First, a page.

Richard was the son of John and Susan Jane (Carveth), and baptised at St. Ives Parish Church on 18th January 1886. On 26th December 1906 Richard married Clara Dodson at St. Ives Parish Church. The couple had three children: Charles John born 26th May 1907, Edith Maud Grace born 22nd August 1909 and Joe born 15th July 1911. Before the war Richard worked as a Labourer, and the family lived in East Street, St. Ives and later in Needingworth.
Richard was born in St Ives and is on the St Ives Cross of Sacrifice. However he gave his address on enlistment as Needingworth. In 1901 he lived at The Eight Bells on the Waits and laboured for a coalman but in 1911 he was living at East St, St Ives with his wife Clara and children.
Richard joined the and in December 1914 enlisted in the Bedfordshire Regiment where he was allocated the number 23016. He was drafted to France with the 8th (Service) Battalion in August 1915. In October 1915 the 8th Beds were transferred to the 6th Division. On the 15th September the 8th Bedfords took part in the Battle of Flers-Courcelette on the Somme. By the end of the day Richard was missing. He was later presumed to have been killed in action. Richard has no known grave and is commemorated on Pier 2 Face C of the Thievpal Memorial in France.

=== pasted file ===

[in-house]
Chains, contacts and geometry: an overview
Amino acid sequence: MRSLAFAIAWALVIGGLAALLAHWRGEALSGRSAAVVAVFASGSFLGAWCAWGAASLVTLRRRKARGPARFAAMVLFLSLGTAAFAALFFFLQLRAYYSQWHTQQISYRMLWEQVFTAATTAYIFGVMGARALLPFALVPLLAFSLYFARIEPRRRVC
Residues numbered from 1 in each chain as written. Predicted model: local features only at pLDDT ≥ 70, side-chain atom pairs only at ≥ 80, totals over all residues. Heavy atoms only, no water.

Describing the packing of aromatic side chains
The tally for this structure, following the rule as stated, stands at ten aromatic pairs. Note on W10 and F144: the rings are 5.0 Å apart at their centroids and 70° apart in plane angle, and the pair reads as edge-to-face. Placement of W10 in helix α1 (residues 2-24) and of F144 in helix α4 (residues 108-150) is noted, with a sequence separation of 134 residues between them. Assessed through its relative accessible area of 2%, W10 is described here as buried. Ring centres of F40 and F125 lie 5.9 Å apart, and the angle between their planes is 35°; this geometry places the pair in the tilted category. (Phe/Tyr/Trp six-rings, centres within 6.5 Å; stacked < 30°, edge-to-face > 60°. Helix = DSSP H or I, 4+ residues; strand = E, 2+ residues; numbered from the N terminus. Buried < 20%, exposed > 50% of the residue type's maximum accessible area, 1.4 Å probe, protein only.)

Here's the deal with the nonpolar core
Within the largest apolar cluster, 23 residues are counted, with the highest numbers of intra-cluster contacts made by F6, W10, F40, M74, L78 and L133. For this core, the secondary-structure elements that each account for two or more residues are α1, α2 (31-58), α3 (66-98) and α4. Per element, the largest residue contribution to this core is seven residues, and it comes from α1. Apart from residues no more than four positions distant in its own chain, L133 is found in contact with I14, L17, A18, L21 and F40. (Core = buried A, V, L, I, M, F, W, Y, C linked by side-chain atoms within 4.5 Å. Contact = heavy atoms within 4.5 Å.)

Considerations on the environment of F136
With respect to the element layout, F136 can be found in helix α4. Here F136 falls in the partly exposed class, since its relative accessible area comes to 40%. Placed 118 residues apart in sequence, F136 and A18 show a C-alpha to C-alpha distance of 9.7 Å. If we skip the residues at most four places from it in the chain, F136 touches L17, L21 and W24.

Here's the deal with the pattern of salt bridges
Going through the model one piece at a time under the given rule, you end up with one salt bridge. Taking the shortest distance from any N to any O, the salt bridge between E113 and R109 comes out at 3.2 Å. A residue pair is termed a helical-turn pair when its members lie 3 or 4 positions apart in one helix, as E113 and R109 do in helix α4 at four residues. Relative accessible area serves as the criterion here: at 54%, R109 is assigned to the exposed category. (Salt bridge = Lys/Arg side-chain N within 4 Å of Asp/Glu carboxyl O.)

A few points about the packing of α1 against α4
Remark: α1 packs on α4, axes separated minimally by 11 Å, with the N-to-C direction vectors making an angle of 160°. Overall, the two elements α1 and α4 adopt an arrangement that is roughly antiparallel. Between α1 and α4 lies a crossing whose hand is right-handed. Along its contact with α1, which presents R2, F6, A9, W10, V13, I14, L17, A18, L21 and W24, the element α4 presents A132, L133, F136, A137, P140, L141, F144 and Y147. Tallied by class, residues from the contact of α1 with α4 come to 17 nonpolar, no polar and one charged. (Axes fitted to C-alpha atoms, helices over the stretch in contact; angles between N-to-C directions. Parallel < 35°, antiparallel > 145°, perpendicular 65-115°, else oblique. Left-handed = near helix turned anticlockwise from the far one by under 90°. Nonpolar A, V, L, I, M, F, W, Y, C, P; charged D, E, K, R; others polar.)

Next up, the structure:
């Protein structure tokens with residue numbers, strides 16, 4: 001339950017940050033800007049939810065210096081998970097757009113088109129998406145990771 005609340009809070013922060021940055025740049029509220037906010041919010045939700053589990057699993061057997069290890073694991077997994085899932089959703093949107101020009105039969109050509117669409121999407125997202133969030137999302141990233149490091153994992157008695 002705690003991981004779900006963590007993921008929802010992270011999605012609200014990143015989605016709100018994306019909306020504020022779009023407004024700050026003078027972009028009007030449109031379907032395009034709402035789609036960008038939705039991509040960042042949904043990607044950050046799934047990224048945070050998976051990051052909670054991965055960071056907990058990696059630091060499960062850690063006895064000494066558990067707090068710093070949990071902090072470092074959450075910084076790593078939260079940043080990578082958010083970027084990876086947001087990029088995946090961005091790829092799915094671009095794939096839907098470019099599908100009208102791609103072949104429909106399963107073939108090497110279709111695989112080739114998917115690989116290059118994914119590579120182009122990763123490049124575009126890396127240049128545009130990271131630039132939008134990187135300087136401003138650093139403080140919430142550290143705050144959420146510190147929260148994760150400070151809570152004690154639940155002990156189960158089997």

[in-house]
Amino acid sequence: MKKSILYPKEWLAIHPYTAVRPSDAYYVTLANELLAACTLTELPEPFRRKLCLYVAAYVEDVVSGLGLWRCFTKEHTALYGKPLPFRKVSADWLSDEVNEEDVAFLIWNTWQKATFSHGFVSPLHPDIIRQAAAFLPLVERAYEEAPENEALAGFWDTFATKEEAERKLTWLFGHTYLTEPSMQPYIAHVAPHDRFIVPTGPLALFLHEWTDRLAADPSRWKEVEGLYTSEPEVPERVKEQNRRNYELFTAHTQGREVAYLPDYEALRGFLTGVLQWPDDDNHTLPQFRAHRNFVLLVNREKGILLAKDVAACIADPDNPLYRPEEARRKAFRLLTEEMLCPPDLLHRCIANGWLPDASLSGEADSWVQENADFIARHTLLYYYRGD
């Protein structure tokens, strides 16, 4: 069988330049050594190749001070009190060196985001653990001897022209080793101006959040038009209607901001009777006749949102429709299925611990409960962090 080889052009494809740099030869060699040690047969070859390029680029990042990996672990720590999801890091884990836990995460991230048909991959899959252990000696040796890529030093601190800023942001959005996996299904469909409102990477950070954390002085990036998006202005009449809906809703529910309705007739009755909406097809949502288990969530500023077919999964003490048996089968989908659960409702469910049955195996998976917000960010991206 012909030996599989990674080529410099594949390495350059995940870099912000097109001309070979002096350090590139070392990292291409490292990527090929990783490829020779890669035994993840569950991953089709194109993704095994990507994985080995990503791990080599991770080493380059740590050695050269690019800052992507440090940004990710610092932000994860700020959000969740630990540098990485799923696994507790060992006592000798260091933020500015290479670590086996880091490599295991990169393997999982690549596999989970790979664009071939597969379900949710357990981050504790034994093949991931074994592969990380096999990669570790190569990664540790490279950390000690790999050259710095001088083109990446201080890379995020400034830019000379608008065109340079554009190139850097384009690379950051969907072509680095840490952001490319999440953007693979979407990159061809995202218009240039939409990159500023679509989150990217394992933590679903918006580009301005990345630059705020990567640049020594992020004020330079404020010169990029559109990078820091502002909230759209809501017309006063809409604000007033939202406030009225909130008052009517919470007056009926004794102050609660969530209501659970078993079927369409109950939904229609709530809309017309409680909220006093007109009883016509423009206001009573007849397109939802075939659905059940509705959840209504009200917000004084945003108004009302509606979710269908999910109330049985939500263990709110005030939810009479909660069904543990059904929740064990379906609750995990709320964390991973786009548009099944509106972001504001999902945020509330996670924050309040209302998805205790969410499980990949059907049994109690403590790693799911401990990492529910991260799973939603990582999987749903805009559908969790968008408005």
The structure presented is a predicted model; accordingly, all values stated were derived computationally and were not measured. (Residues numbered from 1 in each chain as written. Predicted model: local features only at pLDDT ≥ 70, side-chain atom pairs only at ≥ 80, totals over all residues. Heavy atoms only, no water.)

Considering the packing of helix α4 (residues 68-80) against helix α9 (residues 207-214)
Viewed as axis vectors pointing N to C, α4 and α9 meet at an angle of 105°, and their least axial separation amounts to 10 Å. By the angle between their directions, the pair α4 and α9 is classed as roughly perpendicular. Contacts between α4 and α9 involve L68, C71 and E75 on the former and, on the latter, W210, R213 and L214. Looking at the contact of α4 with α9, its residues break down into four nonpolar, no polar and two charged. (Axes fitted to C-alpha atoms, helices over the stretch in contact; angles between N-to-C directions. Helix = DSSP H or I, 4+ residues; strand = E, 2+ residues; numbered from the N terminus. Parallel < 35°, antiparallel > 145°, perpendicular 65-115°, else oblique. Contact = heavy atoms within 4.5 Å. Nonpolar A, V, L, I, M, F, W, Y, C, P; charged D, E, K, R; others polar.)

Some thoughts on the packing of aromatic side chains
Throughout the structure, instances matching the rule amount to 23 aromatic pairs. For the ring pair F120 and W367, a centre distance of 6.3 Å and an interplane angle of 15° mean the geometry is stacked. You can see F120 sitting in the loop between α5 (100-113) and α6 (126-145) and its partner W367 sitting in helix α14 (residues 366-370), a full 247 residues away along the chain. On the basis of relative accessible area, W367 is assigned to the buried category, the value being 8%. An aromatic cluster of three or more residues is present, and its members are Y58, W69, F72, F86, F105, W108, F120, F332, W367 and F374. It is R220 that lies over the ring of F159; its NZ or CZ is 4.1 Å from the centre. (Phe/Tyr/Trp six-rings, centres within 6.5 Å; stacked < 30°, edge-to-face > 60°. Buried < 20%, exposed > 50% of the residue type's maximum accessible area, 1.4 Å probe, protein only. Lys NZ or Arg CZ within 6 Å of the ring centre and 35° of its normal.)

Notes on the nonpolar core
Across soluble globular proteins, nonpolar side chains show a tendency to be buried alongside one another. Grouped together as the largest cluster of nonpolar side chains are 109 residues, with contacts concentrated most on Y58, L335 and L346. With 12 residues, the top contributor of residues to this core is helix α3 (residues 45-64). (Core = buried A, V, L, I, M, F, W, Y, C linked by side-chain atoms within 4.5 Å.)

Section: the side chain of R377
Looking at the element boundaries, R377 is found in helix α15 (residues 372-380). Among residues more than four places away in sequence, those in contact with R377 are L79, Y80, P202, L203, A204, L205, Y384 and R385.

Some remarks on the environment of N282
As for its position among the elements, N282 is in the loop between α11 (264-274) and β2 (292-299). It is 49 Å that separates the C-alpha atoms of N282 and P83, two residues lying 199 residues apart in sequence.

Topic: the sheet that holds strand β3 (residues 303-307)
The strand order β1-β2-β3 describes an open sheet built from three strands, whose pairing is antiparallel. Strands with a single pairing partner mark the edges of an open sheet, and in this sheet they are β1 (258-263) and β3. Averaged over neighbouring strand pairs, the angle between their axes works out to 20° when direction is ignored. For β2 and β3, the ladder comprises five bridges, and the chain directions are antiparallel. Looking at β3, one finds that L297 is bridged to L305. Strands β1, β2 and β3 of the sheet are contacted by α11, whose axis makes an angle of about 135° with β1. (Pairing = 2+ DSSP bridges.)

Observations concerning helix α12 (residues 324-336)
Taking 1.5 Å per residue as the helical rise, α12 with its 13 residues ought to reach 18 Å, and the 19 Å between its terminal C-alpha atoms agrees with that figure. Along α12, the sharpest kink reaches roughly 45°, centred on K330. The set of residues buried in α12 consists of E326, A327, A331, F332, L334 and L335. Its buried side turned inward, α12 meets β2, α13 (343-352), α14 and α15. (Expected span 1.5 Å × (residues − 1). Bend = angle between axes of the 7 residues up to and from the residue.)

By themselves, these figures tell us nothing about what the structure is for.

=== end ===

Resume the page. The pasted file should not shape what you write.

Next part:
He is also commemorated on St Ives A Parish Church Altar of Remembrance as Private Richard J. Lister and on St. Ives War Memorial, Market Hill as Pte. Richard J. Lister. He is remembered at the Thiepval Memorial to the Missing on the Somme in France.
His parents had married in 1873 at Woolwich where John was a driver with the Royal Artillery. They had a son Stephen George at Woolwich, a daughter Susan Jane in Leith, Scotland and Richard and John back home in St Ives when John left the Army. No service record has been found for John but he was obviously posted around.
Stephen George followed his father into the army enlisting in the militia in 1898. He married Annie Chapman in Bluntisham December 1899 and they had two children, George William in Whitby in 1903 and Mary Jane in Bluntisham in 1913. He re-enlisted in 1915, was wounded in 1917 and was transferred to the Agricultural Company at Bedford. He lived with his wife at Wood End, Bluntisham working as a labourer and was the village lamplighter.
Richard‘s younger brother Joseph was also killed in the war serving with the Bedford Regt.
The Huntingdonshire Cyclists Battalion was used mostly for home defence duties and were based in Yorkshire for a lot of the time, watching the east coast. For this reason they were know by many as the 'forgotten regiment'.
Many local soldiers who served in the army in World War 1 had been in the Cyclists Battalion first.
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